Credit: Dr Chris Thorogood
Scientists Dr Chris Thorogood at the University of Oxford Botanic Garden, and Dr Fred Rumsey at London’s Natural History Museum have just described a new form of a strange parasitic ‘vampire’ plant known as ‘common broomrape’.
Broomrapes are sap-sucking ‘plant pilferers’ that steal their food from the roots of other plants, their so-called ‘hosts’. In this case, the new variety they name Orobanche minor var. heliophila has a peculiar affinity for Ikea and Tesco carparks!
The sinister looking ‘vampire’ has no leaves, roots or green pigments of its own, and comprises a peculiar purplish flowering spike that juts out of the ground.
The reason the newly discovered variety has an affinity for this somewhat surprising habitat is linked to its penchant for a particular shrub called Brachyglottis × jubar 'Sunshine' that is often planted in shop carparks – and the occasional service station too – enabling the parasite the thrive there.
It also grows in amenity plantings in parks, gardens and along sea fronts. The botanists named the new variety after its host, heliophila, meaning ‘sun-loving’. Although the plant is a parasite, it poses no threat to plants it feeds on and is not dangerous or harmful.
The scientists examined a range of features in great detail, for example the anatomy of the roots, floral parts, colour, ability to regenerate (perennation) – and its ability to grow on different host plants.
Parasitic plants, like broomrapes, have aroused curiosity for centuries yet they remain one of the most poorly understood groups of all the flowering plants.
Together, these data indicate that the newly described variety is a race that is distinct from other forms of the plant that are well known to science. The new variety occurs throughout Britain, especially in the south and southeast, but it is unknown when it evolved because its host (Brachyglottis) was introduced to the UK after 1910 from New Zealand. It is possible that a shift in host has taken place from native vegetation to the cultivated shrub, following the widespread introduction of Brachyglottis for amenity planting in recent decades.
Parasitic plants, like broomrapes, have aroused curiosity for centuries yet they remain one of the most poorly understood groups of all the flowering plants. Indeed much of their evolutionary biology and life history remains a mystery.
It goes to show that you don’t have to go to a remote tract of rainforest to discover new plant life – new species can be hiding in plain sight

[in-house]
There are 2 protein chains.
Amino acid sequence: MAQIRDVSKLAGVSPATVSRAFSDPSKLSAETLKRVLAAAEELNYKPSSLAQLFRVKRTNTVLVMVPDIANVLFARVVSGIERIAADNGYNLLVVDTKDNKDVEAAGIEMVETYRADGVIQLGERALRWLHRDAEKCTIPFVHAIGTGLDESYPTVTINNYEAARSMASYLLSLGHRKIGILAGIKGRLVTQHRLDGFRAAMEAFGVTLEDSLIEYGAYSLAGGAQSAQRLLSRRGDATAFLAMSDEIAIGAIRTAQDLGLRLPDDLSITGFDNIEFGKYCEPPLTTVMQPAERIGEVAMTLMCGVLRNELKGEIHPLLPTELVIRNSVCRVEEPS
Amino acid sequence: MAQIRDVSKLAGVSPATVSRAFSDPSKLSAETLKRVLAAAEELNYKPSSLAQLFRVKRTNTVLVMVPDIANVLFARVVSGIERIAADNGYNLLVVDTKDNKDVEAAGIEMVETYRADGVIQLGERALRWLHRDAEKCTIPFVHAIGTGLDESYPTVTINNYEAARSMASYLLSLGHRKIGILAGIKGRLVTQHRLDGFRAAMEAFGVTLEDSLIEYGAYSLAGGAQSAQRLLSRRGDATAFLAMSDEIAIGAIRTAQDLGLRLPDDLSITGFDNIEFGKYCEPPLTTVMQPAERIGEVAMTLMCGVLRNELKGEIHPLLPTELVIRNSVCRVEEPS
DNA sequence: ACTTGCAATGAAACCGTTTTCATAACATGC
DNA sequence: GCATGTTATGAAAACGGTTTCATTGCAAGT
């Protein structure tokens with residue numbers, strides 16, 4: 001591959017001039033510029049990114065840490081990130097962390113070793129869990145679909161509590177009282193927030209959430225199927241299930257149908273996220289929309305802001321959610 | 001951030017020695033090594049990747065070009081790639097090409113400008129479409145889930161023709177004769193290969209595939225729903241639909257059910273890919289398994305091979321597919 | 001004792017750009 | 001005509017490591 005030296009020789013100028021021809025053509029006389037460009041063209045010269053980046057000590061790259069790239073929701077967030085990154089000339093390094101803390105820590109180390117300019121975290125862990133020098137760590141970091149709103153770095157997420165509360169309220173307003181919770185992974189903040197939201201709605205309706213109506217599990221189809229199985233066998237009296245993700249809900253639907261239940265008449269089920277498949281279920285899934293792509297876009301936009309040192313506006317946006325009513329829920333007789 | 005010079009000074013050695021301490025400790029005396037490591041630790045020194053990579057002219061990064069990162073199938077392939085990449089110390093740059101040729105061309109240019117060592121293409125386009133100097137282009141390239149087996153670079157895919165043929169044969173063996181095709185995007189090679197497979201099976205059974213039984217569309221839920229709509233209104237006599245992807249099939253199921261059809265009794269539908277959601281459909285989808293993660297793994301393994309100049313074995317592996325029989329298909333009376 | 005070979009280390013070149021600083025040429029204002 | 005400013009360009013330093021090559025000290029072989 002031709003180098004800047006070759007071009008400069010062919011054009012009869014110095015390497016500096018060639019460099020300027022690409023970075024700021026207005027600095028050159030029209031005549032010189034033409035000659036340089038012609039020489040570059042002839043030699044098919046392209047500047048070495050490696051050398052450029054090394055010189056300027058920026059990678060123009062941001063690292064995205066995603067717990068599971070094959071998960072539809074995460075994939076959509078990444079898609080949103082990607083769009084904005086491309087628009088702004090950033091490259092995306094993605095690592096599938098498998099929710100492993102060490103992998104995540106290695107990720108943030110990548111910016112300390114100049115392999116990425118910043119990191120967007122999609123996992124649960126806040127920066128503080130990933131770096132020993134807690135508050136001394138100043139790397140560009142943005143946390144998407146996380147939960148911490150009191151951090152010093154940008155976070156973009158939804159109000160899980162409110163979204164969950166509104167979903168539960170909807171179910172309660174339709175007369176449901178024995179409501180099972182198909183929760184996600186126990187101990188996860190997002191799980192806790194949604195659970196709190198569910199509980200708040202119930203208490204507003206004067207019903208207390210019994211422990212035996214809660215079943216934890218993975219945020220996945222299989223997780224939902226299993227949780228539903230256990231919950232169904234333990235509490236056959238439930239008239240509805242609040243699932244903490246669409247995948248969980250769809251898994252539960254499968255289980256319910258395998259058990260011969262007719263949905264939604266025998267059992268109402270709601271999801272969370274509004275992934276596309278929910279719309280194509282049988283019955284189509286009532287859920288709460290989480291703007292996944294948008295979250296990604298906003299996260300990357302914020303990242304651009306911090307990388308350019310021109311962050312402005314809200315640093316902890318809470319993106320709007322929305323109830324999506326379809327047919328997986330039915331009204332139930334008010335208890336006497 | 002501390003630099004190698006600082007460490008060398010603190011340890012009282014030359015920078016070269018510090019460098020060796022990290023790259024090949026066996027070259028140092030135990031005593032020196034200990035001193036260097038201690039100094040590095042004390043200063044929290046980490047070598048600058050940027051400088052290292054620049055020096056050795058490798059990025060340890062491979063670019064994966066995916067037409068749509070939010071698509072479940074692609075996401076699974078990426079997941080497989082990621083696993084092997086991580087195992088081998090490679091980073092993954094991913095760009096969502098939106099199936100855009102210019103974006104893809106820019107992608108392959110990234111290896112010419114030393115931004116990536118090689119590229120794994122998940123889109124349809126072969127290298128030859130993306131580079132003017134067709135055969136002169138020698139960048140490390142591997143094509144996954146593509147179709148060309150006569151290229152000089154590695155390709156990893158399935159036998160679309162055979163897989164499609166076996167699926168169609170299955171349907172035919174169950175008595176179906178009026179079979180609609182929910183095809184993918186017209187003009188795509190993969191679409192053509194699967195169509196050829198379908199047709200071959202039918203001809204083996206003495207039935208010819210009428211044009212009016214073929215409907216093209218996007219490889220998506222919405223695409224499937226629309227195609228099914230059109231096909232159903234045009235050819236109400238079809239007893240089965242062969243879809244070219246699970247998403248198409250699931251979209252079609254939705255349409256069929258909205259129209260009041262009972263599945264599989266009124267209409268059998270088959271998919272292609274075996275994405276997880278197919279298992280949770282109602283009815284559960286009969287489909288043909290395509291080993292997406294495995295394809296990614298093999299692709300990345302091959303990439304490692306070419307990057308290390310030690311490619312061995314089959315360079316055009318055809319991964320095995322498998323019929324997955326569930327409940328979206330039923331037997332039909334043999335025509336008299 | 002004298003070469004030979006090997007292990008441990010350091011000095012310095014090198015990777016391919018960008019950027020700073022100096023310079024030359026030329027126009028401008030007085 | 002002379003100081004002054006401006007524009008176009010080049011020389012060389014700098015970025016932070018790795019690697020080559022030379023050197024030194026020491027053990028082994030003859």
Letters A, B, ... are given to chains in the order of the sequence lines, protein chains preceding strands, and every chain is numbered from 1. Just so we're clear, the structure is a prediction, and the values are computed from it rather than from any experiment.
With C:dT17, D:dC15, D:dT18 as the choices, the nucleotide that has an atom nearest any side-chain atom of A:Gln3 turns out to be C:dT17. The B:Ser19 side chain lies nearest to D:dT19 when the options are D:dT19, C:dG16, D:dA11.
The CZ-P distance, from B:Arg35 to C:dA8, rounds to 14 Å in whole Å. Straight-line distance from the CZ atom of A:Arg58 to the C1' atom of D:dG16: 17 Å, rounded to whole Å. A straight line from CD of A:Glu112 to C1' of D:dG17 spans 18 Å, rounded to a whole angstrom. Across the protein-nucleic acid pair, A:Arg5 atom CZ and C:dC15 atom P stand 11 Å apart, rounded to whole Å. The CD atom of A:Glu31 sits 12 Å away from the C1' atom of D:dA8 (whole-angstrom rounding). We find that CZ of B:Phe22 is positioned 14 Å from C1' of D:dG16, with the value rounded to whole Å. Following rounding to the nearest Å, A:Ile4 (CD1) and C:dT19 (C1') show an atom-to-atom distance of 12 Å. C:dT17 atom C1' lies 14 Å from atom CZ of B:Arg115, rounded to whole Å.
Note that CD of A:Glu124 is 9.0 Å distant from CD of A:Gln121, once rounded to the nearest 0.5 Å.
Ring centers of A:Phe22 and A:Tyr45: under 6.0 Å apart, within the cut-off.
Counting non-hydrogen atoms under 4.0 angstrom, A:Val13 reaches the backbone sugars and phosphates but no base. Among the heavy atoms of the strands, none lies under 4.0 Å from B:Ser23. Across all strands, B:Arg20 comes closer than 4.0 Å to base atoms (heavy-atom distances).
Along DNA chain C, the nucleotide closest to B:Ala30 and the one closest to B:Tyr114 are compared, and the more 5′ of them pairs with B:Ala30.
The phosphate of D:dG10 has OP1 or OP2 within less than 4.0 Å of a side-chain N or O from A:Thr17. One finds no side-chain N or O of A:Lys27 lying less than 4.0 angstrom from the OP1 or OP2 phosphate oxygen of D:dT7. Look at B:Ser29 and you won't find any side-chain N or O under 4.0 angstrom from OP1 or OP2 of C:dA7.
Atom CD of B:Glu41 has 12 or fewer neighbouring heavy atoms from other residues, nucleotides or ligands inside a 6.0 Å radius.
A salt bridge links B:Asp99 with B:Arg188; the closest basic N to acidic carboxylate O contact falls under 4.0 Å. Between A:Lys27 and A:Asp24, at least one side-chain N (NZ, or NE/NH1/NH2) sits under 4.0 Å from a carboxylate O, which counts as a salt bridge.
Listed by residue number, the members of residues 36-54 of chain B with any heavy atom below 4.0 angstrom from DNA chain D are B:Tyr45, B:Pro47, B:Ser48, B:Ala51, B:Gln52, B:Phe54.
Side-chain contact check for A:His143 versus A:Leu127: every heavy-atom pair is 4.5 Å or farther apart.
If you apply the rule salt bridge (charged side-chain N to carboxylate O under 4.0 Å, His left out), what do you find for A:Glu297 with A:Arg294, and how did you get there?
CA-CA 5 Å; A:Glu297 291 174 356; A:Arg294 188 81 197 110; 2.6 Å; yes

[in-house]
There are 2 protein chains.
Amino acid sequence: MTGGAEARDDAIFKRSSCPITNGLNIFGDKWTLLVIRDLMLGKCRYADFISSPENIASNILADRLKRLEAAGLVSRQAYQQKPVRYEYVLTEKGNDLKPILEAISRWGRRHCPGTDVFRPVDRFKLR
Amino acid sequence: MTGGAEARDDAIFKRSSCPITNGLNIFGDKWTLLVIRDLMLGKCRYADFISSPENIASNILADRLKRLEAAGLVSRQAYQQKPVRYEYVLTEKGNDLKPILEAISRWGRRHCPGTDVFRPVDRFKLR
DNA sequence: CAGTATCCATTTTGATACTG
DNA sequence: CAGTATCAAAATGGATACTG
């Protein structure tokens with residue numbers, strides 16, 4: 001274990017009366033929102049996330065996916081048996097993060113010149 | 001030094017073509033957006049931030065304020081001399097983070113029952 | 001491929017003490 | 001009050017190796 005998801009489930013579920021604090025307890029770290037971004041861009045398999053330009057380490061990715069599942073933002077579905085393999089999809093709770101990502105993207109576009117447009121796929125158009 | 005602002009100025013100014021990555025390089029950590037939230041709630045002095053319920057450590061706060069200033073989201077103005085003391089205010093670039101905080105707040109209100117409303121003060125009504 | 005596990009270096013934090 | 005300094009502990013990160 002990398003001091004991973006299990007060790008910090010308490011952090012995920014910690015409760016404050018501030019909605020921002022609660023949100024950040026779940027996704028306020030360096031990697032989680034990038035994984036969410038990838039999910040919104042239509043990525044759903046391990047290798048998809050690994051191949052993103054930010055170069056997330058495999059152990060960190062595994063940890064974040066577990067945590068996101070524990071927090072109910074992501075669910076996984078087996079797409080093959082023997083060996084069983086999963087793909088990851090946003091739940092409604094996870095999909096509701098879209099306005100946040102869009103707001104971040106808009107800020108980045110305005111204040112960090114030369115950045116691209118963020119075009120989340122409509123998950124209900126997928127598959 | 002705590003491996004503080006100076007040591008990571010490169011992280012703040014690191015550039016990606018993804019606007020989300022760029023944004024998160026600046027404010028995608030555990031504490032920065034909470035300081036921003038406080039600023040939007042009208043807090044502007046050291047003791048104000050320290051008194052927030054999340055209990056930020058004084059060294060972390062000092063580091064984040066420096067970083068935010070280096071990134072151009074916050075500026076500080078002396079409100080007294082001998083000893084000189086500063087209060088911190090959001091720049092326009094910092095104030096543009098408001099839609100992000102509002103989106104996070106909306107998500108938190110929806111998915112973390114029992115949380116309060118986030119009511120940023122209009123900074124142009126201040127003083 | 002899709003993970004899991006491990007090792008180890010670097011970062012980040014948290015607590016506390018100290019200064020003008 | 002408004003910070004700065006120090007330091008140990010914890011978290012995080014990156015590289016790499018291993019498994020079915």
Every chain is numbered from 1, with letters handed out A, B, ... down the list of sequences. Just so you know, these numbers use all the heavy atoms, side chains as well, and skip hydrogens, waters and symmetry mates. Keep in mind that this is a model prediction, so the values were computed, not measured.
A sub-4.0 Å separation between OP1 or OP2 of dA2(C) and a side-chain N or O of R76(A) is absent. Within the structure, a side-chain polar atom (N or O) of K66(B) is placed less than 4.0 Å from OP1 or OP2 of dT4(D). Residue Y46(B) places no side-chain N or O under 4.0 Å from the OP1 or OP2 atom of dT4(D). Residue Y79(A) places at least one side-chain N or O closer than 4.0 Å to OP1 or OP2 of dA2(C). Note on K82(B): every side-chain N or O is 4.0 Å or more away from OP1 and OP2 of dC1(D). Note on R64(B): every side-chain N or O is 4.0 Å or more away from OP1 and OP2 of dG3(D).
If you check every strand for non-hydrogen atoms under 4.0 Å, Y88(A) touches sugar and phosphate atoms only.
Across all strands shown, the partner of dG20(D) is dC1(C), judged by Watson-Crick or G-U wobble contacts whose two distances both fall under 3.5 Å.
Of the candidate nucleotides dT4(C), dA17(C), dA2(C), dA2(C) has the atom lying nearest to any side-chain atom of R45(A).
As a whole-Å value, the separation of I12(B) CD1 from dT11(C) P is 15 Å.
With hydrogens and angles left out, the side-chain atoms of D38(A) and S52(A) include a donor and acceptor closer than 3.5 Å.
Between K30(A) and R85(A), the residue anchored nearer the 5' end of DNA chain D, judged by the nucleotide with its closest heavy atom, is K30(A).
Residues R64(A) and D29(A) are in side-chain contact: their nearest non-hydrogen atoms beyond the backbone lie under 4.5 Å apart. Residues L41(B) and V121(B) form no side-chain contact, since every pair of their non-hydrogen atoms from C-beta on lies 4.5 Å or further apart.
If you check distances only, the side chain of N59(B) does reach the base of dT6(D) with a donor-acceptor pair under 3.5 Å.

There are over 4,000 species of parasitic plant and they occur in all major ecosystems from tropical rainforests to arctic tundra, and new species are discovered every year. Because they derive nutrition from their hosts, some have lost the features typical of most plants, for example green leaves, stems and even roots. Botanists previously relied on such features to classify plants, and so the evolutionary relationships among these parasites have long remained unclear.
The scientists’ latest research featured here shows that broomrapes appear to be forming new species by switching hosts, but the process has gone largely unnoticed because they look so similar. It goes to show that you don’t have to go to a remote tract of rainforest to discover new plant life – new species can be hiding in plain sight. Next time you do the shopping or refill the car, look carefully at the shrubbery and you may well spot a ‘vegetable vampire’ at your feet…
Dr Chris Thorogood is Deputy Director and Head of Science for Oxford Botanic Garden and Arboretum and lecturer at the Department of Plant Sciences. His research focuses on speciation (the formation of species) in tropical pitcher plants and parasitic plants; the floral diversity of biodiversity hotspots such as the Mediterranean Basin and Japan; and biometic applications in plants. He is a fellow of Linacre College.
The new variety was published in the journal British and Irish Botany, and the original article can be seen here: https://britishandirishbotany.org/index.php/bib/article/view/54